Last week’s reports that LeEco, a China-based TV, smartphone and media conglomerate, will be acquiring Vizio provides a convenient milestone to offer some reflections on Vizio’s impact to the U.S. TV business. We are not here to speculate about the future of Vizio, but rather post a retrospective of an underappreciated, truly disruptive company that changed one of the most important categories in Consumer Electronics.
Founded approximately 10 years ago by refugees from the smoldering wreck that the end game of Gateway had turned into, Vizio hit the TV market at the exact moment it was ripe for change and reinvention. The founders of Vizio were not the only ones to see this at that time. In fact, Gateway, along with Dell, HP and other PC/IT related companies, saw the upcoming shift from analog to digital broadcast, as well as the gathering tsunami of the flat-panel TV, as an opportunity to leverage the strengths of the IT model in standardized components. This foresight provided them with the ability to transform contract manufacturing and high-turn, low-margin retail selling into an adjacent high-revenue, high-profile industry. Many of us in the industry (myself included) thought that the future of TV would be much like the PC, and companies like HP, Dell and Intel (with its LcOS silicon) would break the TV market. Who can forget the $2,999 42-inch plasma TV from Gateway that was one of the original disruptors in the TV market? While Gateway failed to further capitalize on that initial success, and the rest of the IT companies also floundered in trying to become more like CE companies, Vizio’s founders were not deterred. They knew the fundamentals of how to break the market still made sense, but needed more focus and better execution to succeed.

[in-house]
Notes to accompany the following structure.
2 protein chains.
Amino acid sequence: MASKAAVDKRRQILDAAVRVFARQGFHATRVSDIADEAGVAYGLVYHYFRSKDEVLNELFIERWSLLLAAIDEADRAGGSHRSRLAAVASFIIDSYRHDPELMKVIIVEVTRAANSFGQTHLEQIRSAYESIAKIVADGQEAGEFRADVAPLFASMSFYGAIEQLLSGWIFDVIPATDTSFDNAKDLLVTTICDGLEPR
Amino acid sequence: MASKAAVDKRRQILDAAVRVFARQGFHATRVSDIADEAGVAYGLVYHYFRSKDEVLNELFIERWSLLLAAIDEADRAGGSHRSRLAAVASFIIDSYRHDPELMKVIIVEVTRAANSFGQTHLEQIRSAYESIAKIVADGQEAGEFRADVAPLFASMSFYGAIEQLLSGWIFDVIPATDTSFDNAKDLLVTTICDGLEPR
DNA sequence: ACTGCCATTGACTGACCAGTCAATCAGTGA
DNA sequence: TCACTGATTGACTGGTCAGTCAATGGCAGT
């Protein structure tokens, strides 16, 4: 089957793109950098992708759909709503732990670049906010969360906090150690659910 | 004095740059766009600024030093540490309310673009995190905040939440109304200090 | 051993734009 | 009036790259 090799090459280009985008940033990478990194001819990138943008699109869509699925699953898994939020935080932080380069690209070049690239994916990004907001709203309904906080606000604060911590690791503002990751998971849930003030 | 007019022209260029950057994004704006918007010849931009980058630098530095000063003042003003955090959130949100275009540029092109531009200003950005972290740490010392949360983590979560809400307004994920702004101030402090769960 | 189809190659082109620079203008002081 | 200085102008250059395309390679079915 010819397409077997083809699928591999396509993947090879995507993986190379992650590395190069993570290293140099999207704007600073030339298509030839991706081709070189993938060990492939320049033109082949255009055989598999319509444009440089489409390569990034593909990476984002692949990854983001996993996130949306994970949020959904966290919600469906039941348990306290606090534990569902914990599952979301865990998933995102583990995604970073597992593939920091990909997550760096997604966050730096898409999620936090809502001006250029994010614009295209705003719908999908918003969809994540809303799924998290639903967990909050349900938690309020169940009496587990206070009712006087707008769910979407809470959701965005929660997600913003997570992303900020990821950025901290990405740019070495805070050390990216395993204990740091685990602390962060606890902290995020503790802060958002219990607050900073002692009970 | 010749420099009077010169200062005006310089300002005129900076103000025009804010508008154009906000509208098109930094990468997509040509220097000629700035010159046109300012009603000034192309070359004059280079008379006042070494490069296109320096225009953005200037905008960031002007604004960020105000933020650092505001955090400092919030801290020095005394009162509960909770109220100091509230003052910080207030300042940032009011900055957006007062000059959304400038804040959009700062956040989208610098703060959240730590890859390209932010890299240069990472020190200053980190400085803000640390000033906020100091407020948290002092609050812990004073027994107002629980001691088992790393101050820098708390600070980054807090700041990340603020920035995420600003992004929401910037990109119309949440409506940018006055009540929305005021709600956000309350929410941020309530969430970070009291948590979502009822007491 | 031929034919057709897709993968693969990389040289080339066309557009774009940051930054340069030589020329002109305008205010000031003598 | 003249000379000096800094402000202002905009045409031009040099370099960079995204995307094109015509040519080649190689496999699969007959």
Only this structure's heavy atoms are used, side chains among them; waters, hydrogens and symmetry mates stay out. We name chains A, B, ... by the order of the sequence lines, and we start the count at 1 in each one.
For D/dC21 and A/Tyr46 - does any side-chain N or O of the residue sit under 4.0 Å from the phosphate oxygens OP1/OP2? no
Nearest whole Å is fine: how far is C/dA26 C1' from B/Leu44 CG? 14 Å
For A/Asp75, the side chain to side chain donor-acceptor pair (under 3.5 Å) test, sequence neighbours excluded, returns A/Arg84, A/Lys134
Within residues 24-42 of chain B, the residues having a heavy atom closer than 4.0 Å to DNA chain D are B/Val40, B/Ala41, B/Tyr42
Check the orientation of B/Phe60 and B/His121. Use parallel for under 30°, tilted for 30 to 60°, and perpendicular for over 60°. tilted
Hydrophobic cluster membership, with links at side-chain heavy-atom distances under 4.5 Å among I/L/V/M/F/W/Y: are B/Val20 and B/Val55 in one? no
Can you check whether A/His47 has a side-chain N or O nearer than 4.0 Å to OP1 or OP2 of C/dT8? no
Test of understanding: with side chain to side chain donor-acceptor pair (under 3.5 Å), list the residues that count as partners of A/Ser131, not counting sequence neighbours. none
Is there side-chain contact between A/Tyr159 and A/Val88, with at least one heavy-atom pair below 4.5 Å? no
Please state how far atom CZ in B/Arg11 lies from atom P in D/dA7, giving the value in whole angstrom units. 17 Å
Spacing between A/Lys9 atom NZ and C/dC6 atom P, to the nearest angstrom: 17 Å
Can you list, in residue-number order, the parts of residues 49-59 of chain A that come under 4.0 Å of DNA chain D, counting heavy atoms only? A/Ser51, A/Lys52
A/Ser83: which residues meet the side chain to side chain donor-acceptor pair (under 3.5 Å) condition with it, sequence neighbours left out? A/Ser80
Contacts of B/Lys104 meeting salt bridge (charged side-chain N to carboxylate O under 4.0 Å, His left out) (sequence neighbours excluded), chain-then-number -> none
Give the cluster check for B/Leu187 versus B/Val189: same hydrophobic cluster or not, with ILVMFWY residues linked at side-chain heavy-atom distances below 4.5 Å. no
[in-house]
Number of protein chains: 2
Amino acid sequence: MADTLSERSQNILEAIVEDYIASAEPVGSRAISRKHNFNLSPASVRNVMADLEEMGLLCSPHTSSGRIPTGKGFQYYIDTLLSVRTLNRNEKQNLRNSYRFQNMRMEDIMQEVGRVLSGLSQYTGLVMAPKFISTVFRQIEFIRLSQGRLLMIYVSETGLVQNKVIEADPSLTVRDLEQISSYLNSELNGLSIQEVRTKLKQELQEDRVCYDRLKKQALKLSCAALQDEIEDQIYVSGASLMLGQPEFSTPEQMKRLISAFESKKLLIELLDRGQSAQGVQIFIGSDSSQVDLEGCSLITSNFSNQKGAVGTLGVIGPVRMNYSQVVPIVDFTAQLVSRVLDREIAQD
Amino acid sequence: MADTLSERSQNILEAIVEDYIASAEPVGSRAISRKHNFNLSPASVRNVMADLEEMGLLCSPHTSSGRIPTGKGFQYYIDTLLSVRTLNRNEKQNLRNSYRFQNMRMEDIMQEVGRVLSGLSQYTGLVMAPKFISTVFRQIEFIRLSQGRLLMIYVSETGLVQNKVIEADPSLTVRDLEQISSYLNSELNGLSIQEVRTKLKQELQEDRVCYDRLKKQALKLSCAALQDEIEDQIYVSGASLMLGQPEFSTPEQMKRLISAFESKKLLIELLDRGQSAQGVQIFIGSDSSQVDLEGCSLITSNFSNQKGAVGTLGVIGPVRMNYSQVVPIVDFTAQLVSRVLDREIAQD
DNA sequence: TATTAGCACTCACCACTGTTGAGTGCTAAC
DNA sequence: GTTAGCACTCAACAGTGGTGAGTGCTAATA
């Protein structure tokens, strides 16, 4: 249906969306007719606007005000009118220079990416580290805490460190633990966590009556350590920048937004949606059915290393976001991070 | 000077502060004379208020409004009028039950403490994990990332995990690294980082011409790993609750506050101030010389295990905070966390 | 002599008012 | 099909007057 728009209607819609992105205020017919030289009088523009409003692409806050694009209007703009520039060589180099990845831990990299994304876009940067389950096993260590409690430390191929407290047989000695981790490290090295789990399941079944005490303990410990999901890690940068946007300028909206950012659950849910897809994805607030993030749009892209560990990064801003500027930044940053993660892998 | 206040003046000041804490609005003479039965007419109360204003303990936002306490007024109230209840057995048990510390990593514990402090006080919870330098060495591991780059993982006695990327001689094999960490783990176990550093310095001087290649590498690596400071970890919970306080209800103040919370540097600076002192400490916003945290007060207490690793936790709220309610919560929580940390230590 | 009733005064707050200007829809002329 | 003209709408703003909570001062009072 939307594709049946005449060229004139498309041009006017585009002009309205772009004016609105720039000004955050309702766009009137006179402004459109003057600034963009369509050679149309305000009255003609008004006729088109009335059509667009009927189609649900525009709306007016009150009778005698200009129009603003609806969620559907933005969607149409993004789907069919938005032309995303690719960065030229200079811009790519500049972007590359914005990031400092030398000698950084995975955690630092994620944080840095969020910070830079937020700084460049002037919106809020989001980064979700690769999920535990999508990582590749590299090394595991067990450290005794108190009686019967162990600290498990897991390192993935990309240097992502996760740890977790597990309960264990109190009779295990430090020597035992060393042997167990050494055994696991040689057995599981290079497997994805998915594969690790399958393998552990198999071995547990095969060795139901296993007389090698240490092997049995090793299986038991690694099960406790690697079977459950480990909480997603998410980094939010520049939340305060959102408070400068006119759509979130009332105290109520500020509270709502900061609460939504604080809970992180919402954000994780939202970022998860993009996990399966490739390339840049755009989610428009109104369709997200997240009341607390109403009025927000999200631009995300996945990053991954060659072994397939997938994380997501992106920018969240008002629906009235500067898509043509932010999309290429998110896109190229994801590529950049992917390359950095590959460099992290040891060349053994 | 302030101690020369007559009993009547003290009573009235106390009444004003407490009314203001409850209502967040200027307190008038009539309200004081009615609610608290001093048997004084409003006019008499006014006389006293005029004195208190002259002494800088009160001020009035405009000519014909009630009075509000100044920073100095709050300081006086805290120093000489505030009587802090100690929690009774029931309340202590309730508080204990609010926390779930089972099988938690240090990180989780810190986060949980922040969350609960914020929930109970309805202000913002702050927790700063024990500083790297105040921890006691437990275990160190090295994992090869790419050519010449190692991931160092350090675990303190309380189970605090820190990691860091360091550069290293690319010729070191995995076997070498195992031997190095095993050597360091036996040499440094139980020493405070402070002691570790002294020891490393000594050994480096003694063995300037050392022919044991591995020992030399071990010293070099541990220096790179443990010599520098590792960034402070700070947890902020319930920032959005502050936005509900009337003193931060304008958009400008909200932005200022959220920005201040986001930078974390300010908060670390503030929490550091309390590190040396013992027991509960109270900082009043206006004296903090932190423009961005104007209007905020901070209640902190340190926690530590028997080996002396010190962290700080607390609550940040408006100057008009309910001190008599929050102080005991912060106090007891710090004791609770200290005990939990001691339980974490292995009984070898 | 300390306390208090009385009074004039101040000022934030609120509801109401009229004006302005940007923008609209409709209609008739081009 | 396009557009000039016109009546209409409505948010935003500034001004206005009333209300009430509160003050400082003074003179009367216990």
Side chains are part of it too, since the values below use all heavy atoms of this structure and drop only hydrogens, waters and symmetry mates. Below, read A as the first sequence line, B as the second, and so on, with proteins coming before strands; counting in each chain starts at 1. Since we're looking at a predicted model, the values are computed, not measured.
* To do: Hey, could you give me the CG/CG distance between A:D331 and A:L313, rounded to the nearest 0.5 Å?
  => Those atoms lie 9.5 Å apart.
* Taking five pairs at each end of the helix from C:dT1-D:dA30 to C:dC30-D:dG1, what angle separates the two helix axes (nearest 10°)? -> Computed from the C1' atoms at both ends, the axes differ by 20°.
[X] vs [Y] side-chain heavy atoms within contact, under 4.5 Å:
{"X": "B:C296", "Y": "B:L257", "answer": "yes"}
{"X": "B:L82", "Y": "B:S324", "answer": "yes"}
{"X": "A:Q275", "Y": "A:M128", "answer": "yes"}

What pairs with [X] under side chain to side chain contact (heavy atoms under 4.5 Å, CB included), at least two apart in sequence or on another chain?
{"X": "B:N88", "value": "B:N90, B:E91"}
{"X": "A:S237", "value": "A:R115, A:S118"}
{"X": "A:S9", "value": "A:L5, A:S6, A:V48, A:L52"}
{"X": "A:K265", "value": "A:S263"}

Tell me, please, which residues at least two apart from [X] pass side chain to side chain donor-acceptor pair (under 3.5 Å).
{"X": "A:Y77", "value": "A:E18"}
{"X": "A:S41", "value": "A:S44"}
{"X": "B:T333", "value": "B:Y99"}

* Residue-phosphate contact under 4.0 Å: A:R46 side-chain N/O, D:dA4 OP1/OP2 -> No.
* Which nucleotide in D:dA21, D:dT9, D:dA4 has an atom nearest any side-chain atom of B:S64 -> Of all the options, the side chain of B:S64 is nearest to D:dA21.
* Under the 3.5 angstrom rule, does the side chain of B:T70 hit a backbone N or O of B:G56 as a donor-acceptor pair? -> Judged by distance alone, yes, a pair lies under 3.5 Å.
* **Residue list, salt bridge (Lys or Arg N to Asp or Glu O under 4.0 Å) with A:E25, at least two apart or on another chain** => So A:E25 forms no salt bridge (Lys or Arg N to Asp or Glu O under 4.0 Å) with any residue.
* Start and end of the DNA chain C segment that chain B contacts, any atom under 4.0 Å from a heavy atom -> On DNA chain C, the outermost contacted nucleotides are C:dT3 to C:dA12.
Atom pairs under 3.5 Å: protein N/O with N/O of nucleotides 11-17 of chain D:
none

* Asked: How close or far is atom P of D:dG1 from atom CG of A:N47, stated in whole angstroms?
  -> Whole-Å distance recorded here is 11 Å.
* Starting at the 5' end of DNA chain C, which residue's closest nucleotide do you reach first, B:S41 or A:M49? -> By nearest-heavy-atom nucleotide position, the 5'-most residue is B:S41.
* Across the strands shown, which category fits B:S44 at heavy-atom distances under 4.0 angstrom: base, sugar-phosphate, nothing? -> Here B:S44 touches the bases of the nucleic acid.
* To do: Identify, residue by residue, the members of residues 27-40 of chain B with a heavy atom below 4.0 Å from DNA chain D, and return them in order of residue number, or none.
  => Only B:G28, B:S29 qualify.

Vizio’s success came from two different disruptive concepts. The first was leveraging the Asian supply chain to build a quality product at an affordable price and exploiting that capability to create a unique distribution strategy. No one should ever underrate the distribution trick that Vizio pulled off at its founding: becoming a value brand at a price-focused value retailer (Walmart), and at the same time positioning themselves as a value brand at quality-focused retailers (Costco and Sam’s Club). This distribution Jedi mind trick is one of the best distribution strategies ever conceived, and has carried Vizio’s success all the way into the present day. Using the rapidly expanding efficiencies of the Asian supply chain to create a good enough product, just as the industry would be confronted with a reinvention of the concept of value and quality in a digital world was both great timing and a masterful reading of the changes that flat panels and digital were about to wreak on the TV industry. And that timing was their second disruptive activity. Being first to market when the market is about to change (and your competitors are mostly entrenched and comfortable businesses) is a classic way for an entrepreneur to break a business. TVs were going to change; Vizio was going to get there ahead of everyone else with a cost structure, a mindset and a distribution philosophy that was more flexible and executable than anyone else’s.
Vizio tried to bring these attributes to many other categories over the years and, for the most part, has either missed their opportunity or failed to deliver the right product. The cumulative impact of those misses likely led to the financial results that forced this sale, but no matter what happens in the future the fact that very good TVs can be very affordable is directly attributable to the disruption and innovation that Vizio brought to the market many years ago.